You are a disgusting bigot if you don’t find Calvin Klein’s new cover ‘girl’ attractive.


        It is a deliberate attack on aesthetics – part of the “civilization is only as great as its lowest common denominator” problem. The process in demoralising and tranforming a society is to attack and break down its cultural norms and appreciation for aesthetic things like beauty, so that society can be repointed in other directions. Some forms of ubiquitous modern brutal architecture would be another example.

        White women are no longer beautiful, fat, ugly, black trans women are what is beautiful – feel a little confused or demoralised yet? A bit more separated from your identity? The point isn’t inclusion, it is to bring you down and make everyone ugly and equal.

        • Now if only this fine specimen was also a member of the Religion of Peace she would tick all the boxes to become immediately eligible for office at any political party that feigns to be in need of some cultural enrichment.
          I never feel demoralised! These ugly smelly fvkers are not going to bring me down ever! Muhuhahaha
          (channeling my inner Reus)

          • Stewie GriffinMEMBER

            Now is probably your best ever opportunity to work for Calvin Klein. You should think of applying.

          • The Traveling Wilbur

            Points so far: JunkInTheTrunkFan 1 Stewie 0.

            But it’s not about glamour Mig. Or changing societal tastes. It’s about being “told” what most people (the majority) are familiar and happy with is ‘less’ just because something is forever unatainable by a minority (don’t care which, could be Jywish amputees with epilepsy for all I care).

            It’s some peoples’ idea of what equitable treatment really means. That’s their learned mindset. The rest questing for these changes are just fkcn angry about their lives.

            Fortunately, due to inate human foibles, Facebook and the Kyms, Kanyays and all the rest, this will be a phase the kids these muppets have reject utterly. And humanity will resume it’s quest for betterness (judged by whatever standards apply at the time).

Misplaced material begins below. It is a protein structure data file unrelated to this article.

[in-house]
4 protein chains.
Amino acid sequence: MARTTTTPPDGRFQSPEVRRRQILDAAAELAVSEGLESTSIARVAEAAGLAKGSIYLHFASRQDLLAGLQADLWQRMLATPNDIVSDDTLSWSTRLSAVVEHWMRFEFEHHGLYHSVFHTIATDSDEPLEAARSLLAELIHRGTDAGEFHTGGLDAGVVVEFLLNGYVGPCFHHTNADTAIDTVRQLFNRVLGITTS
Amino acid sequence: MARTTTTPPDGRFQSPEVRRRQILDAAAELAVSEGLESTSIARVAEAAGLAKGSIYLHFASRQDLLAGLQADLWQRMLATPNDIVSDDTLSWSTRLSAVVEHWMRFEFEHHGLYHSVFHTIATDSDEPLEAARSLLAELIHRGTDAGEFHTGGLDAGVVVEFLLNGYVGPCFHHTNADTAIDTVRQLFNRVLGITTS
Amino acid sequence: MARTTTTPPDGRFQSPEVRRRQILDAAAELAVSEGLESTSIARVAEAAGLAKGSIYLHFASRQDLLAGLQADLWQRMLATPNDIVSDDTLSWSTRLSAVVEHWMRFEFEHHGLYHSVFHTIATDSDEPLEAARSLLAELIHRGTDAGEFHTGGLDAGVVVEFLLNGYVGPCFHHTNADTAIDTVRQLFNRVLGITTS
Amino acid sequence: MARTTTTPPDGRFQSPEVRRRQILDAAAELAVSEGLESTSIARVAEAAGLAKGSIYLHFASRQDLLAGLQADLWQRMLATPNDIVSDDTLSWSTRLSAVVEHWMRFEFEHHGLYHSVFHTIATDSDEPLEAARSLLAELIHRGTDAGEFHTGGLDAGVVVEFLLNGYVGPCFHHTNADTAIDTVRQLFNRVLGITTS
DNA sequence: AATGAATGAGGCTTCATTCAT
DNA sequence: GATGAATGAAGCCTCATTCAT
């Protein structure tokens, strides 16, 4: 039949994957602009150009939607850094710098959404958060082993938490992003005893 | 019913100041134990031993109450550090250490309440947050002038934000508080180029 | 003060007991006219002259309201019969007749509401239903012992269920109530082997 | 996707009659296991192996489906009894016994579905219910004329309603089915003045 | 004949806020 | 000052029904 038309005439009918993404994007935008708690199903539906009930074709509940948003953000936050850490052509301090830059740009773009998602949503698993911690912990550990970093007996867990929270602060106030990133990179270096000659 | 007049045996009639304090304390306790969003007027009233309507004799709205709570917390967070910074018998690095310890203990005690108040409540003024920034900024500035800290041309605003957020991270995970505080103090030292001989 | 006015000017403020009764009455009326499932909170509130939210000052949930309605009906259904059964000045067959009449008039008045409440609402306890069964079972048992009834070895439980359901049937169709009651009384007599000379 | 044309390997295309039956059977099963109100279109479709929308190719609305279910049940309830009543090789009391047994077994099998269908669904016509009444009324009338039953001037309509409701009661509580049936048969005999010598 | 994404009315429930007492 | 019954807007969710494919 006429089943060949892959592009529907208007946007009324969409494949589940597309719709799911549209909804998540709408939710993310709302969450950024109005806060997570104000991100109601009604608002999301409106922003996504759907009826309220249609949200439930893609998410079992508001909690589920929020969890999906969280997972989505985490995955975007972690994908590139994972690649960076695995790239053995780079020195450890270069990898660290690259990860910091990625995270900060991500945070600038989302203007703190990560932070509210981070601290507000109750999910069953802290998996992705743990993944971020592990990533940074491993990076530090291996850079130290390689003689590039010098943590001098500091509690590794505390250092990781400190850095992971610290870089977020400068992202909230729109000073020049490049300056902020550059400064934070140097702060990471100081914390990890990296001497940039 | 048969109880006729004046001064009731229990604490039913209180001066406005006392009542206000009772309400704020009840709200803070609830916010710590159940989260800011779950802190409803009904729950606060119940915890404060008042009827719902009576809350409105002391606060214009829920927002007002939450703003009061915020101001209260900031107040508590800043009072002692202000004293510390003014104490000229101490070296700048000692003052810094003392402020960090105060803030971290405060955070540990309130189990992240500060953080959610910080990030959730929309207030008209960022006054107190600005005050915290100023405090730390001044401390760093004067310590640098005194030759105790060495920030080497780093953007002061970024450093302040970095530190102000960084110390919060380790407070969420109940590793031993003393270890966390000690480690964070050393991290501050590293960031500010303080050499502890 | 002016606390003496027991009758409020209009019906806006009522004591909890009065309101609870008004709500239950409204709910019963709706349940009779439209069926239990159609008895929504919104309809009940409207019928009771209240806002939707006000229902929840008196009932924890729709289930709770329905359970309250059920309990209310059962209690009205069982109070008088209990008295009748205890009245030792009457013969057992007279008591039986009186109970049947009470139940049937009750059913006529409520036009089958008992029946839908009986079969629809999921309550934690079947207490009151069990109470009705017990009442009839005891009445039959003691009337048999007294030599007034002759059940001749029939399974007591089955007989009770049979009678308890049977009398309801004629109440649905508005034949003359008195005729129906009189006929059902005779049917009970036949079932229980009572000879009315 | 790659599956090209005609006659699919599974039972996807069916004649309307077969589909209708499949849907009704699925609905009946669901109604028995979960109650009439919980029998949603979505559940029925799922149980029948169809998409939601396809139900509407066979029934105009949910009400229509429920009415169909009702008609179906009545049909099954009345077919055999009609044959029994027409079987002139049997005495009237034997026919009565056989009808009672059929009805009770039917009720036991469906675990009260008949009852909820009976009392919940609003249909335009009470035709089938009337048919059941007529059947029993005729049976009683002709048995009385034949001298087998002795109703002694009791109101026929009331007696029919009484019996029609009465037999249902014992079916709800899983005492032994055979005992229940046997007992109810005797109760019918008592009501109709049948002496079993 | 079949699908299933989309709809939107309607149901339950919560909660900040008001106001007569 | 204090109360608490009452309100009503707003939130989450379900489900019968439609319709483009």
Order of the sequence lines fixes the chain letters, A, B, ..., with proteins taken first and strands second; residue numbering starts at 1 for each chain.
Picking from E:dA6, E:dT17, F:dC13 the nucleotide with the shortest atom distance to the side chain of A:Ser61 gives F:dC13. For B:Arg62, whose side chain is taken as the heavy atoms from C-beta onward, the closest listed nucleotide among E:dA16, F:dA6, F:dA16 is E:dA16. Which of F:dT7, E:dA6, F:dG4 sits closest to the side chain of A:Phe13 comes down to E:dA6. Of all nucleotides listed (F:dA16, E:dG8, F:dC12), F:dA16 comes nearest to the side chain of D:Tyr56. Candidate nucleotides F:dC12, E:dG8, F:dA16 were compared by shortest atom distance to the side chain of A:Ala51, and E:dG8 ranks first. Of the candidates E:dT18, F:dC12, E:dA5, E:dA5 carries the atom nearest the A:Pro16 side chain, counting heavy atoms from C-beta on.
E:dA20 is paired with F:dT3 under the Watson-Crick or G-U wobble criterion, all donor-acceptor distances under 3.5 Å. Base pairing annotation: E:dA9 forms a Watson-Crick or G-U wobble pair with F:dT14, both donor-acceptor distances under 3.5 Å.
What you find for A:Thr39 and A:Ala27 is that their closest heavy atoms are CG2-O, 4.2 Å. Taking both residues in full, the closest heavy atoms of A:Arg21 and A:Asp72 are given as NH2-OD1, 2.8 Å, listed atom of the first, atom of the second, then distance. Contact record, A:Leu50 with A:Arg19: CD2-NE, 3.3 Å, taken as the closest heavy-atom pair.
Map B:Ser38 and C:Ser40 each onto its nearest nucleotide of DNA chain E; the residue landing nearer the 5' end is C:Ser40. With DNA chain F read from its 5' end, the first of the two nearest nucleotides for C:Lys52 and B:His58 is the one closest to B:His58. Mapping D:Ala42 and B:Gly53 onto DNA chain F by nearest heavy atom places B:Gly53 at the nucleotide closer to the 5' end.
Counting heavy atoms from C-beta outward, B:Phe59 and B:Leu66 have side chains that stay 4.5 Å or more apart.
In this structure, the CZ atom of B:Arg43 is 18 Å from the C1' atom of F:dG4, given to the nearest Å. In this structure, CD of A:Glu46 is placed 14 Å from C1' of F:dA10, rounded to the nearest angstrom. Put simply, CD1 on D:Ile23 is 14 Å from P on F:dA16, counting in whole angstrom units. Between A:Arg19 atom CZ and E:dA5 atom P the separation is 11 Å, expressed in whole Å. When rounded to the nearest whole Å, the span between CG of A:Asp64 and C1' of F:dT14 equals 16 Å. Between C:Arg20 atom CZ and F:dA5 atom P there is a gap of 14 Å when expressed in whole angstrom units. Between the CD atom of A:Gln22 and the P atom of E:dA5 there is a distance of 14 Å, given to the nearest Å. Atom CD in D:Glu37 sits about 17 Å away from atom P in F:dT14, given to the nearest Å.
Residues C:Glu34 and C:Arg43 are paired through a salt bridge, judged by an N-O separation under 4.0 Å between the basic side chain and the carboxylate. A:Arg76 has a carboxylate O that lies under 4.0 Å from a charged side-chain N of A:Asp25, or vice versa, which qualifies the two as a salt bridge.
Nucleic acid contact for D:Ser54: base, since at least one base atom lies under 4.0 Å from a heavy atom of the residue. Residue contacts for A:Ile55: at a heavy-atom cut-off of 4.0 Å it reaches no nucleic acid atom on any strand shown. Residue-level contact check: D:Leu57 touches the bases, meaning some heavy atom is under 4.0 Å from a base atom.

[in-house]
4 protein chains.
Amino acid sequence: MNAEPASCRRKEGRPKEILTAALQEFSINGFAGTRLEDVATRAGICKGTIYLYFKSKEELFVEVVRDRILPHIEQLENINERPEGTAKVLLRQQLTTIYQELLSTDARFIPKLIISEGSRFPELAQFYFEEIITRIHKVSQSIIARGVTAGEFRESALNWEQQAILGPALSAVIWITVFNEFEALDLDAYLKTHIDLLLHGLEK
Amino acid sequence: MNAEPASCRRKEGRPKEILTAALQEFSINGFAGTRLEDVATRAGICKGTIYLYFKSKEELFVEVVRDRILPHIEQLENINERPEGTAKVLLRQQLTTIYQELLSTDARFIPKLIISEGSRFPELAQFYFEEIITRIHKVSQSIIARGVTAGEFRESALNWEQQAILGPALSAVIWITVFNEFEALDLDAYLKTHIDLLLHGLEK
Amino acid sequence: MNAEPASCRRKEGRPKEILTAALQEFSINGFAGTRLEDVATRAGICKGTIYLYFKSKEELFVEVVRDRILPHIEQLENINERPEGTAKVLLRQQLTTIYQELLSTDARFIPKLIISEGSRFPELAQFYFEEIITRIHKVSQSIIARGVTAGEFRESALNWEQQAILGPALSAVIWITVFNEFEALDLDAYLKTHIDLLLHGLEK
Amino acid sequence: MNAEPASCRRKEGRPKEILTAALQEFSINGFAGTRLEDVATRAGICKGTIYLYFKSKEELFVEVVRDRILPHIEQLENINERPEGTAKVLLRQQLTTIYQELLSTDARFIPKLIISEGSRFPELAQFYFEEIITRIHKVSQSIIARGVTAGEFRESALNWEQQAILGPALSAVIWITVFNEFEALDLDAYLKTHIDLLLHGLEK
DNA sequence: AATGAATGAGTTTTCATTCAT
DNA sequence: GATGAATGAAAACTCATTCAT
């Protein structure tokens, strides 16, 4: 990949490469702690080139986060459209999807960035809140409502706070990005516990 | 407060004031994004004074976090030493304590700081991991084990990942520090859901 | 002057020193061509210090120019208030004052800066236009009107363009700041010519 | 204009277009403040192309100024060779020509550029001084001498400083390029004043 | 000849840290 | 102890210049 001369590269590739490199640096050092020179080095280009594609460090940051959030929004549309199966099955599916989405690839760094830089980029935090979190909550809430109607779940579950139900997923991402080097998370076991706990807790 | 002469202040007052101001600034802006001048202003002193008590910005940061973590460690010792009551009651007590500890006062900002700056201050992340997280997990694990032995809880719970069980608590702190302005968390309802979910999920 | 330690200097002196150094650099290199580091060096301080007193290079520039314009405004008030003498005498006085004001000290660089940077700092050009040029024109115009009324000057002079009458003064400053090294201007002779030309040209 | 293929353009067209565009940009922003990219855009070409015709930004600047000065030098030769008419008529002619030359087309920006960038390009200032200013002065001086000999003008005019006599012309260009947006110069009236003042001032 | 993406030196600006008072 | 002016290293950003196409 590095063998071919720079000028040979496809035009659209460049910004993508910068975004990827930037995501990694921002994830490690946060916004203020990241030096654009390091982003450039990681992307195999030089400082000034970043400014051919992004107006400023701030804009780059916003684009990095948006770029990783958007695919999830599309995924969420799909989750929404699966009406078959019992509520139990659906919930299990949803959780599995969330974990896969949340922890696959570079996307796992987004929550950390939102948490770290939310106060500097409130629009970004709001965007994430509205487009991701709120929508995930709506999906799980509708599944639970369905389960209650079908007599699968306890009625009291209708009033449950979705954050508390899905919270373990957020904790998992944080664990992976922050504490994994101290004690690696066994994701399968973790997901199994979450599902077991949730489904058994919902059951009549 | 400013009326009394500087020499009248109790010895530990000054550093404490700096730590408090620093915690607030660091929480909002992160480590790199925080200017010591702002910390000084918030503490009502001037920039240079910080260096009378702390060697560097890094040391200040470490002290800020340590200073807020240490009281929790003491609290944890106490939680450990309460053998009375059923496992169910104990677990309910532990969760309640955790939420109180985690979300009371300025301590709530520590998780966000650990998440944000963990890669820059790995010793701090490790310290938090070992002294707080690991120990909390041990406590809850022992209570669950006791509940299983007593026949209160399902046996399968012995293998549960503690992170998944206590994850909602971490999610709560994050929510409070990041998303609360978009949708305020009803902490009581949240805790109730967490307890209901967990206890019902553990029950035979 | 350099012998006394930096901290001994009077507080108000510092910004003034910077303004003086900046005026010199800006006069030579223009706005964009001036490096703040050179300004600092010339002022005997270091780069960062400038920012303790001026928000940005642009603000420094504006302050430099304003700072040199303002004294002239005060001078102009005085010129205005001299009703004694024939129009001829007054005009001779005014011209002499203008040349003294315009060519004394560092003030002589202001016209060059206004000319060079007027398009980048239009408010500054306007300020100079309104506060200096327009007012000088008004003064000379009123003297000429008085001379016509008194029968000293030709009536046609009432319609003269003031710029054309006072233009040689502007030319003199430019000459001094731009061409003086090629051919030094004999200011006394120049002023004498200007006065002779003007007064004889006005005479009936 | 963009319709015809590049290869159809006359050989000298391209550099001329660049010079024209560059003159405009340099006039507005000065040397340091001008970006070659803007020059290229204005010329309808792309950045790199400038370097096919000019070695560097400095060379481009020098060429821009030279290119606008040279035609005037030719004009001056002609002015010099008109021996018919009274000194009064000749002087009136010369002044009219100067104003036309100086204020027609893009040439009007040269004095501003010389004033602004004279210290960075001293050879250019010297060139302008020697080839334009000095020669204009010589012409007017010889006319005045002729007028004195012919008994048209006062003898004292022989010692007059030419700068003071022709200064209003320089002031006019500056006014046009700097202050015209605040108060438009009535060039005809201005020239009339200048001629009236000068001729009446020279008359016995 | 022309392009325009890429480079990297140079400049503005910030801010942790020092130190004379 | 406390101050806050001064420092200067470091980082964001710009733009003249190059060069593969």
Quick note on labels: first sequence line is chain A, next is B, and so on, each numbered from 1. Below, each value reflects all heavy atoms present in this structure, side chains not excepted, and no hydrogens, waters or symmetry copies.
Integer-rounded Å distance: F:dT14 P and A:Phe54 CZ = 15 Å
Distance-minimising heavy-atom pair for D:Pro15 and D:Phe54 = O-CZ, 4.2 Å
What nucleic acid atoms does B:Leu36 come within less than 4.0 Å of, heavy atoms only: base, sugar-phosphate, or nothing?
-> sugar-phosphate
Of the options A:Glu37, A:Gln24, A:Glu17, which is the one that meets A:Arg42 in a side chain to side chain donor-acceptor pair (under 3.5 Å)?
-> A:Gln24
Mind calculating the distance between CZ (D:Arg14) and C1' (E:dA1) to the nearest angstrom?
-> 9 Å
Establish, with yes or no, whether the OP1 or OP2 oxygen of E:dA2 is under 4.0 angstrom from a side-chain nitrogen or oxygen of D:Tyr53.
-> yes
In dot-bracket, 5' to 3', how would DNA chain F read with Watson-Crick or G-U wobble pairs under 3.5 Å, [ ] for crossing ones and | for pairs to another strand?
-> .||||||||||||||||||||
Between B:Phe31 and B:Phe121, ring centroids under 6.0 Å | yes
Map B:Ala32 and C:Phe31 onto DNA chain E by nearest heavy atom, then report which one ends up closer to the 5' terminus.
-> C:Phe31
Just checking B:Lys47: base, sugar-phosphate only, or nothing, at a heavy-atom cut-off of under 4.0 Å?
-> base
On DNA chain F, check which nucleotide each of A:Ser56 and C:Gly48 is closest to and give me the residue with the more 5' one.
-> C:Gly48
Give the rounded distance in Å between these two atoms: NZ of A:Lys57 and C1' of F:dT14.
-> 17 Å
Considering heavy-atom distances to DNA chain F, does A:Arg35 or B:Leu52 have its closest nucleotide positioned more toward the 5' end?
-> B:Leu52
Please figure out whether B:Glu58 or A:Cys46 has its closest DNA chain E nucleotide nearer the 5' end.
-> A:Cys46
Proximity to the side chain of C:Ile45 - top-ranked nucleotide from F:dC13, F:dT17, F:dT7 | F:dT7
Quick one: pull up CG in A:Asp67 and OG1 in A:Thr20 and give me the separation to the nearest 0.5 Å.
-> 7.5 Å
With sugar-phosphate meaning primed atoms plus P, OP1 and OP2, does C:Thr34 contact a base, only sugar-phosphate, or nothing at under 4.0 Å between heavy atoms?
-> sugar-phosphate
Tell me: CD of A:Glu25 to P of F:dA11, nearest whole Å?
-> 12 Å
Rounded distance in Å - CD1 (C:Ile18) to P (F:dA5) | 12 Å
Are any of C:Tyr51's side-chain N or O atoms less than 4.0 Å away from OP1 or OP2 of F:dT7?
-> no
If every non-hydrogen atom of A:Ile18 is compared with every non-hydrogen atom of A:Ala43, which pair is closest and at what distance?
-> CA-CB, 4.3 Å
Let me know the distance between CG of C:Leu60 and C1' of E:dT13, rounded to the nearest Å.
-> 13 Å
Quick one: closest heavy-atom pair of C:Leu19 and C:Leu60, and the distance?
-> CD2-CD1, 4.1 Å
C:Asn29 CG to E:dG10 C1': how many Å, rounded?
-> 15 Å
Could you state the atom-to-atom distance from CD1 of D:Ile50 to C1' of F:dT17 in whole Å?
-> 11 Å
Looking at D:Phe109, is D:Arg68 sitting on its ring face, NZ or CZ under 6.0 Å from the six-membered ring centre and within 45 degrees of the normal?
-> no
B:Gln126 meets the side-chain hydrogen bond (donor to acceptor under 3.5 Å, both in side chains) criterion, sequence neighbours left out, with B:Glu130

Personally I’m just glad the monobrow’s emergence was brief, relatively limited in participants and caused very few fatalities.

            Edited a bit to get past the spaaam filllter.

          • migtronixMEMBER

            See how fvcking dumb you sound now Stu? I just told you don’t watch TV and you try to ugly shame me to bolster your anti demoralising argument ffs.

            DiscoStu was a stand-up guy. I’m worried Gavin is travelling in the same direction.

          • Stewie GriffinMEMBER

            Fair comments Wilbur – this issue to me is that it has gone beyond mere equality of opportunity and now seeking equality of outcome, imho by bringing the standard of beauty down to the lowest common denominator. Fair enough if you actually fancy such things, there have always been places to cater for such fetishes (including the mono-brow). The issue is constantly being told that “this” is beautiful, or work suck as Tracey Emin’s art work is meaningful or in away way comparable to a classical artist. It is not.

            Mig, I don’t watch TV either, so I don’t know why you thought I was referring to it or have become fixated on it. Your N and F in INFJ is running amok and sending you down a whole heap of rabbit holes of intuitively misplaced feelings as to my views.

            Ugly shaming is a fair play when someone calls you ‘sick’ or suggests you form an unnatural Union with Tony Abbott simply because I’ve professed to some understanding of the importance culture in making a society function, and happen to believe that like it or not the bed rock of a societies culture is to be found in the main religion responsible for infusing its values into it…. which I seem to sense has become your biggest problem with my views.

          • migtronixMEMBER

            I’m deliberately being the arsehole you refuse to acknowledge you are. On behalf of many on the page – you’re welcome.

          • migtronixMEMBER

            Garbage like ‘bed rock’ to describe your culture war fetish is pure Bannon, neocon, christtard “the rock of Peter” pablum.

            I’m not an idiot and I see your brietbart ziocrud for what it is.

          • Stewie GriffinMEMBER

            I’m deliberately being the arsehole you refuse to acknowledge you are. On behalf of many on the page – you’re welcome.

            No – I believe being an arsehole comes naturally to you.

            As you would know, one of the advantages of being an arsehole is not giving a sh!t about what people think – that is what makes us aresholes.